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May 24, 2017 - 01:29 AM  

Realsoft Caustics

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Realsoft Caustics

Some findings findings about Realsoft V4 Caustics by Mark Heuymans


Don't you love watching water reflections play on a wall, or a candle flame projected on the table by a glass of wine? These are just some classic examples of 'caustics' - the patterns generated by reflected or refracted light rays.

While experimenting with Realsoft3d's new caustics features I encountered some caveats which may be worth sharing. It might save others some time...

The system is capable of generating very detailed and realistic caustics. However, it's not always easy to get nice results quickly because there are so many combinations of settings. Sometimes it seems as if things are happening at random.

The test scene

First, I created an extremely simple test scene. A wall to receive the light, a floor surface to generate the caustics, a ceiling to cast a shadow on the wall to make the pattern stand out more. A cylinder in front of the wall to test pattern continuity. A Distant light source and a camera facing the wall.

A reflective floor material with bumps to generate an interesting pattern, like water - or rather mercury in this case.

You can download the test scene and go on from there.

The settings

As explained in the manual, you need to do at least two things to get caustics:
  1. Activate 'caustics' in the Render Settings (Misc tab)
  2. Activate 'Render caustics' in the objects (Col tab) that you want to receive caustics.
Results can vary greatly, depending on various settings:
  • Resolution of the caustics mappings as defined in the Properties window of the receiving object: tab Col => Caustics Map/Width, Height.
  • Sampling rate of the caustics calculations in Render Settings => Misc.
  • Brightness and Automatic brightness scaling, also in Render Settings.
The other parameters in the test scene: Sampling = 72 (pretty high already), Brightness =3.0, Atomatic brightness scaling = OFF.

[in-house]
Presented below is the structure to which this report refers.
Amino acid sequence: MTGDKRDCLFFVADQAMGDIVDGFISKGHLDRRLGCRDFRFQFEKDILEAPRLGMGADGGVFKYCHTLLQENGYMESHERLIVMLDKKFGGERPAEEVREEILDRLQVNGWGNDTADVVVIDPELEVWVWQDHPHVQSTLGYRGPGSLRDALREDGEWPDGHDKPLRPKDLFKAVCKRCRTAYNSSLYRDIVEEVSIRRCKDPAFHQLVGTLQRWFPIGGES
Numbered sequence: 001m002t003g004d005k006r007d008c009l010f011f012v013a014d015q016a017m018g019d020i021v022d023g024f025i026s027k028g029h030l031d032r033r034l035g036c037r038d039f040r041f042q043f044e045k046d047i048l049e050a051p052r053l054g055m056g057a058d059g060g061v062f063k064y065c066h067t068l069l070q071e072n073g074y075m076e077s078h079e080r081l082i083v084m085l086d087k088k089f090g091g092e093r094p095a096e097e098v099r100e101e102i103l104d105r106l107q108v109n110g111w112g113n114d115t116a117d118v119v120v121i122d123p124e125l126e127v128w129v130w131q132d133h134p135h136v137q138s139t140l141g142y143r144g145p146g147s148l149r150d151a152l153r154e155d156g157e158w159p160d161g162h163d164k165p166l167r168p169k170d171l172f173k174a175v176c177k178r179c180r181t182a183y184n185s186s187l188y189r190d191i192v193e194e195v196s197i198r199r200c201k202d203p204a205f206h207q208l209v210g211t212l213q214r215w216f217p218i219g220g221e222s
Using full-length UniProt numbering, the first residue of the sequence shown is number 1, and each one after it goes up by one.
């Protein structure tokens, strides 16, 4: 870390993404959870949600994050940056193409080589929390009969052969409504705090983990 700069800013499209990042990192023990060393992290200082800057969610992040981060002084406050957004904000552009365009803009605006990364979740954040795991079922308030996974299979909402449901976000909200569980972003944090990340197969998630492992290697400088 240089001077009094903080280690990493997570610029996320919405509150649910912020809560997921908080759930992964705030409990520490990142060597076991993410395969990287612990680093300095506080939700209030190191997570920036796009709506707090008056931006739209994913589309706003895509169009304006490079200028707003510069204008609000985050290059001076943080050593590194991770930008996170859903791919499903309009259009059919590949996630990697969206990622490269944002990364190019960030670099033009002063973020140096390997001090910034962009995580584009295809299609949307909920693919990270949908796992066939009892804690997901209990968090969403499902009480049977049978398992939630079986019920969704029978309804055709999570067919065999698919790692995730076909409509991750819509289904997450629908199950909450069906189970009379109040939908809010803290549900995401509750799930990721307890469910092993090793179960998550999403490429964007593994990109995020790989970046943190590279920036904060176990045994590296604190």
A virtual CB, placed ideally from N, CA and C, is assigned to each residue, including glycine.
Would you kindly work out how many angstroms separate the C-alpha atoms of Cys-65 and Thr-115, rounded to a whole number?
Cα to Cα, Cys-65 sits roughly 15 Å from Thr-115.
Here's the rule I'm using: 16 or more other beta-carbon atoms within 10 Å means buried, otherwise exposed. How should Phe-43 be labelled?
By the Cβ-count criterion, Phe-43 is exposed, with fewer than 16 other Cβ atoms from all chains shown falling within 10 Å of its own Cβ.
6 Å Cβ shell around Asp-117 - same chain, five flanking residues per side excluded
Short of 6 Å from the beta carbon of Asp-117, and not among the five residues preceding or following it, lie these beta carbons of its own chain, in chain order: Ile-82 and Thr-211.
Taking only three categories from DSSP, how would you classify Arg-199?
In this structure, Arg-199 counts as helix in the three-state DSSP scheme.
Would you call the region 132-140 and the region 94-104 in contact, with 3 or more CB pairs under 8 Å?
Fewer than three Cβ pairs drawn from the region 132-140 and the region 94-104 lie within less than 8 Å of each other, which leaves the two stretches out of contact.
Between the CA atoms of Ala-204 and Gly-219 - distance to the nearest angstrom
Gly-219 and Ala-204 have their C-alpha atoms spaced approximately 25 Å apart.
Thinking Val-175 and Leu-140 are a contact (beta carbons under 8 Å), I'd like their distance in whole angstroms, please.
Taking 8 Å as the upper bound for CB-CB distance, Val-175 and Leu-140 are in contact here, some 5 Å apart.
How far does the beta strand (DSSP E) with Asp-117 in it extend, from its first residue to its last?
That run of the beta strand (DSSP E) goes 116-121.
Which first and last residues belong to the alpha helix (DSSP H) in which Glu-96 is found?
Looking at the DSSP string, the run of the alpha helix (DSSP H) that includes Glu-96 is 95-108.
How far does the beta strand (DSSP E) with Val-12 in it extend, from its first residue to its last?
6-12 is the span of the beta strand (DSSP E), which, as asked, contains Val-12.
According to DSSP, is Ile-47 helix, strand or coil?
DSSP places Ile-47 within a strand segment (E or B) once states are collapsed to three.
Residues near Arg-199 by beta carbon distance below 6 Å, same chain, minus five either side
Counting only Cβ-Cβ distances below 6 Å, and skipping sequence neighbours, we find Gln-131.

Resolution of the caustic mapping is one of the most important factors. Obviously, the higher the resolution, the more details and the more memory consumption.

In the picture at the left, the wall has a resolution of 300x300 pixels, the cylinder 200x400. The pattern is unsharp, which is fine for previews but for a nice picture the resolution should be higher.

OK, let's double resolution to 600*600 and 400*800 without changing anything else.
Yes, there is more detail, the patterns are sharper. But notice that brighness has changed, it has become much darker. First thought that pops my mind: maybe this is because "Automatic brightness scaling" was turned off?, OK, let's turn that on and see what happens... I won't bother including the picture, suffice to say that it has become even much darker, almost black, regardless of resolution. Maybe increase Brightness then? Yes, that works, I found that a value of 20.0 results in a similar image..

Now I wonder what will happen if we restore the resolution of the wall to the original 300*300. Will it become lighter? See next picture.
Well, the blur has returned as expected and the brightness of the wall seems a bit bright but ok. But now the cylinder caustics have darkened! Is this what Automatic brightness scaling does: compare different caustic maps and re-adjust them somehow?